Shared from the 4/19/2018 American Press eEdition


Budget needs major overhaul


BATON ROUGE — The $27 billion state budget approved Monday by the House Appropriations Committee completely ignores the realities of what has happened to state finances since Gov. John Bel Edwards took office in January of 2016.

Edwards inherited a $2 billion budget deficit and legislators in two early 2016 special sessions passed $1.4 billion in temporary tax measures that are expiring June 30. An early special session this year failed miserably at raising revenues to replace any portion of that $1.4 billion.

Republicans who control both houses of the Legislature helped approve those temporary taxes. However, as they have done for too many years, they keep talking about the financial situation being better in the future.

Revenues have improved some, but not nearly enough to replace those temporary taxes needed to help state government meet the pressing health care and other needs of one-third of Louisiana’s population, 800,000 of them children.

Edwards said $994 million would be sufficient to replace the $1.4 billion approved in 2016, a major concession. The Revenue Estimating Conference lowered that to some $648 million because of revenues expected from the tax cut bill approved by Congress.

House Bill 1, the state spending bill approved Monday, cuts the state budget by that amount. Hardest hit are the state’s health care services that are eligible for federal matching funds. Jay Dardenne, state commissioner of administration, said those cuts alone would cause the loss of $1.9 billion in federal funds.

The vote was 17-6 with only one Republican of the 19 on the 27-member committee voting against. Democrats have only 7 members on the committee and should have 11 based on the political party makeup of the House. The lone independent on the committee votes with the GOP most of the time.

How bad is this budget?

The two chancellors at the state’s largest medical schools at New Orleans and Shreveport said the loss of those funds would ravage graduate medical education. The publicprivate hospitals that took over the charity hospital system would have to reduce health care services or even end their agreements with the state.

State funding for higher education that was almost wiped out during the Gov. Bobby Jindal years finally stopped. However, Republicans on the Appropriations Committee voted to cut higher education by $22 million while voting to totally fund the TOPS scholarship program at a cost of nearly $300 million.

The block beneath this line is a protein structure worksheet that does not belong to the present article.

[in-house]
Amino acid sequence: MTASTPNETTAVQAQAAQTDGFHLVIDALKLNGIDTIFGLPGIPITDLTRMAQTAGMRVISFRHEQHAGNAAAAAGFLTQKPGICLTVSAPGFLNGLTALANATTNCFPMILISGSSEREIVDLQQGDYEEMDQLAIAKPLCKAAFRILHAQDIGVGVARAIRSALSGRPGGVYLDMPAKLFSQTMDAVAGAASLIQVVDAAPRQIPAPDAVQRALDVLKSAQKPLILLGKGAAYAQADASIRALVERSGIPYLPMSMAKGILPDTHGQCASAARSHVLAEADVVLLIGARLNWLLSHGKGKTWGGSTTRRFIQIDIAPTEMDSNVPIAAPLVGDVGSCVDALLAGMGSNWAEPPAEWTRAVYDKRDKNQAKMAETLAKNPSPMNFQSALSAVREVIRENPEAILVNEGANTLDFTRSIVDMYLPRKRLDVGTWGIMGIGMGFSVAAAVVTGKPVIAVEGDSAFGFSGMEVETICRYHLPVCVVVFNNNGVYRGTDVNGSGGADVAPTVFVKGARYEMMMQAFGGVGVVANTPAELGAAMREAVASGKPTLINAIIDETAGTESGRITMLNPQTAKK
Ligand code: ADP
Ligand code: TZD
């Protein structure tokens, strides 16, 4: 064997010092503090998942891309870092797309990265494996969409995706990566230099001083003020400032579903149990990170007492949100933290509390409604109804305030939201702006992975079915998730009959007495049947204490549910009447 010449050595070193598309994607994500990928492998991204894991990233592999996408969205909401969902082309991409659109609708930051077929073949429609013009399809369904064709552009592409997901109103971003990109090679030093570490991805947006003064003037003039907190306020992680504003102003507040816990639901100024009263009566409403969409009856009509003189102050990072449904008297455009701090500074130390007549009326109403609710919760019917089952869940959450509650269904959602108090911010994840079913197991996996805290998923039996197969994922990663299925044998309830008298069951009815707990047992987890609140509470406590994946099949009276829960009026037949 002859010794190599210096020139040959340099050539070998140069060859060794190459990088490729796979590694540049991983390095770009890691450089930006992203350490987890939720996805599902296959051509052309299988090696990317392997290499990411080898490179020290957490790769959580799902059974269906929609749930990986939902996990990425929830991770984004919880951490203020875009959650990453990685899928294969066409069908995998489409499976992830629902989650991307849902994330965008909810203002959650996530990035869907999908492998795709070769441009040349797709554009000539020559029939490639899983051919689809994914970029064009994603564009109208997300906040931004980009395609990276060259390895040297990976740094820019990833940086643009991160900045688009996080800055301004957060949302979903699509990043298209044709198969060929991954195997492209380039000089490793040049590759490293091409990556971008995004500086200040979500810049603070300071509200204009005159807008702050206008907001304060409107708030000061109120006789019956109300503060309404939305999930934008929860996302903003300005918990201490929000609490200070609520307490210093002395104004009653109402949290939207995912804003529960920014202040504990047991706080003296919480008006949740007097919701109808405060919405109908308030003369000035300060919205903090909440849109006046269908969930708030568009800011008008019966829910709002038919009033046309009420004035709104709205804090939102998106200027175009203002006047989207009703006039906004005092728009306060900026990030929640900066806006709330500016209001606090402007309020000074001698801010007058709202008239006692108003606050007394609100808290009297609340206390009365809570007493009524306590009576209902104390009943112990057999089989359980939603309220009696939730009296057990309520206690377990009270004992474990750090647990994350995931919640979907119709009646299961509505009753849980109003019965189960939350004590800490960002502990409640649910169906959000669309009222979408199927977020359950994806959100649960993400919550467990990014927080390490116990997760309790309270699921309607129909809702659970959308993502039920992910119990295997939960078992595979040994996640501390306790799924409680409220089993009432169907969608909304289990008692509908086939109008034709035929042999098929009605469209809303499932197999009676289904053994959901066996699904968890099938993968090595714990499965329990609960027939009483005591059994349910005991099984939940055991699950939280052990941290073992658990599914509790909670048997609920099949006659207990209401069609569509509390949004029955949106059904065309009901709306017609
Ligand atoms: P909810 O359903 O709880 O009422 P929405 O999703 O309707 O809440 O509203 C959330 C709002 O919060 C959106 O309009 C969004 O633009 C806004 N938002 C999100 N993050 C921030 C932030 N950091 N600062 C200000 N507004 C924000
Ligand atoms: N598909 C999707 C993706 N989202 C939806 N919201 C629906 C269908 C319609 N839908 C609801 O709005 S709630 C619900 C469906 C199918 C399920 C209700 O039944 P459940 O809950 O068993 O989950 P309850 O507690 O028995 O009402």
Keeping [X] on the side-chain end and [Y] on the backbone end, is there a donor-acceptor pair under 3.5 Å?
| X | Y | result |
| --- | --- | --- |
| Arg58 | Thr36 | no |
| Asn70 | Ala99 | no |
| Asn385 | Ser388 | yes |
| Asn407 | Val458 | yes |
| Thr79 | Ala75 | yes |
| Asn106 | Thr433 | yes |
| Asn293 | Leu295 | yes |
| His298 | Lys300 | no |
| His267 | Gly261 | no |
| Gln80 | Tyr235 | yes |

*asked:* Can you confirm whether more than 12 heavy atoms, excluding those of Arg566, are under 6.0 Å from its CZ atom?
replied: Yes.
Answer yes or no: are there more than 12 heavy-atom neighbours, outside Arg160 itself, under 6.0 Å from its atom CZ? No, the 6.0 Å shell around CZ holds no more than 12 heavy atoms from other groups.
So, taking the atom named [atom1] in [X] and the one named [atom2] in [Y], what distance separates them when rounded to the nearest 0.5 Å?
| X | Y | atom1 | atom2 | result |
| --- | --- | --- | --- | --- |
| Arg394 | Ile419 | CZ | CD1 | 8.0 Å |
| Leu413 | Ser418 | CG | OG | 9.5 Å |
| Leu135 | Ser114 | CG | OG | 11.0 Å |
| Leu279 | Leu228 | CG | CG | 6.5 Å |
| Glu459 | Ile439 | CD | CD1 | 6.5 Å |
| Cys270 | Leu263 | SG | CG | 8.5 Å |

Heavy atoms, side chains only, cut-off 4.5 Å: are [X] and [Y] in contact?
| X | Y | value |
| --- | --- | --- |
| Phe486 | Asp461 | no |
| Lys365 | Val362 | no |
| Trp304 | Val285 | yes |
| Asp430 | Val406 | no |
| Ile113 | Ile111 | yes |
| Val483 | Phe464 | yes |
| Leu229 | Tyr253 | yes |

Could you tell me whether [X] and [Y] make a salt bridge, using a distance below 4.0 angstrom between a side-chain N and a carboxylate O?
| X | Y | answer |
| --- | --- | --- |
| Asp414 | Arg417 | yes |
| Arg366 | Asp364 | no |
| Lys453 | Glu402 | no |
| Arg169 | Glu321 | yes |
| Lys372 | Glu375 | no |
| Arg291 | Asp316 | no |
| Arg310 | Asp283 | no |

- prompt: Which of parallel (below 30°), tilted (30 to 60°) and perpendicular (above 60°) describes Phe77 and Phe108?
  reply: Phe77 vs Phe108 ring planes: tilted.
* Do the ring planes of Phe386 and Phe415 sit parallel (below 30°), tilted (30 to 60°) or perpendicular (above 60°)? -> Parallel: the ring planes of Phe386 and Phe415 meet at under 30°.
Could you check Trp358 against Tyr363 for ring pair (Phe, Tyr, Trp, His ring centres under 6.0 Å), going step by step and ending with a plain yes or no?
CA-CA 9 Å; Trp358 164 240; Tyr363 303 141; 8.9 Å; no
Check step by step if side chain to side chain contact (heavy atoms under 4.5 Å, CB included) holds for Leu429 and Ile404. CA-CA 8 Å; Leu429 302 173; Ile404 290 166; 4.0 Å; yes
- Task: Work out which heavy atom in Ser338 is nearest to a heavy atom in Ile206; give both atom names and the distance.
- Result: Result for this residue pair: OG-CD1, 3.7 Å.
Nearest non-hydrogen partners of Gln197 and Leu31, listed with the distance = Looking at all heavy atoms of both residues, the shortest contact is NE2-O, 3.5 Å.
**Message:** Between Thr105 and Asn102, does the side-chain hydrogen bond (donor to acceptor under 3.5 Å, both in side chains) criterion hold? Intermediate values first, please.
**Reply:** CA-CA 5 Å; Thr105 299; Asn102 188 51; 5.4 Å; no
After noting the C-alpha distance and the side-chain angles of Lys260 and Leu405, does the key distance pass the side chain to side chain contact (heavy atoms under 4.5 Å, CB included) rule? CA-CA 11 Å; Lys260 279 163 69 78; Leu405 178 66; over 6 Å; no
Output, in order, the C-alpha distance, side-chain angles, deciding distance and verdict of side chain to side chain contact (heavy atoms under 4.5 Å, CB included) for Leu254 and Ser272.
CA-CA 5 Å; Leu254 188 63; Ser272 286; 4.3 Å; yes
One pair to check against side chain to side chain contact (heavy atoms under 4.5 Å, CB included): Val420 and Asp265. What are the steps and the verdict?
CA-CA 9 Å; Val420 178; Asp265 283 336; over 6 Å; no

Reps. Cameron Henry, R-Metairie and chairman of the Appropriations Committee, and Lance Harris, R-Alexandria and chairman of the House Republican Delegation, believe the cuts aren’t devastating. They are opposed to erasing that $640 million cut with new revenues, which is less than 50 percent of the revenues Republicans supported in 2016.

Rep. Walt Leger, D-New Orleans and the No. 2 leader in the House, said amendments proposed by Democrats on the Appropriations Committee had a balanced approach, but they didn’t make it. Democratic Party leaders said Wednesday they are ready to compromise on finding a better budget solution, but they haven’t been asked.

“We reached out our hand, but there was no hand to grab,” Leger said.

The budget will get a full airing in the House today and what happens is pretty much anyone’s guess.

Leger said this budget shortfall is a self-inflicted problem because legislators approved those temporary taxes in 2016 and Republican leaders who helped pass them aren’t willing to replace even half of those funds.

Despite the belief held by Republican hard-liners and many taxpayers that Louisiana citizens are overtaxed, the reality is only four other states have taxes lower than Louisiana’s — Tennessee, South Dakota, Wyoming and Alaska.

USA Today in February reported on the states with the highest and lowest taxes. Louisiana taxes represent 7.6 percent of income.

The per capita income in Louisiana is $42,298, 13th lowest in the country. Income tax collections per capita are $639, 12th lowest. Property taxes per capita are $839, 8th lowest; and general sales tax collections per capita are $627, 12th lowest.

New Yorkers pay the highest taxes, 12.7 percent of their net income per capita ($59,563).

The proposed state budget is a disaster that doesn’t have to happen. Edwards was right when he said it’s “not worth the paper it’s printed on” and “gives nothing but false hope to students and parents.”

The state Senate nearly every year has had to straighten out the proposed budget it gets from the House. At this point no one is sure a budget will even get to the upper chamber.

One Democratic Party legislative leader said, “The proposed budget doesn’t reflect the values we hold dear. It favors big business over the elderly, sick and disabled.”

Yes, it’s that bad, and Republican leaders in the House who created this mess should clean it up. However, don’t hold your breath waiting for it to happen.


Jim Beam, the retired editor of the American Press, has covered people and politics for more than five decades. Contact him at 337-515-8871 or

See this article in the e-Edition Here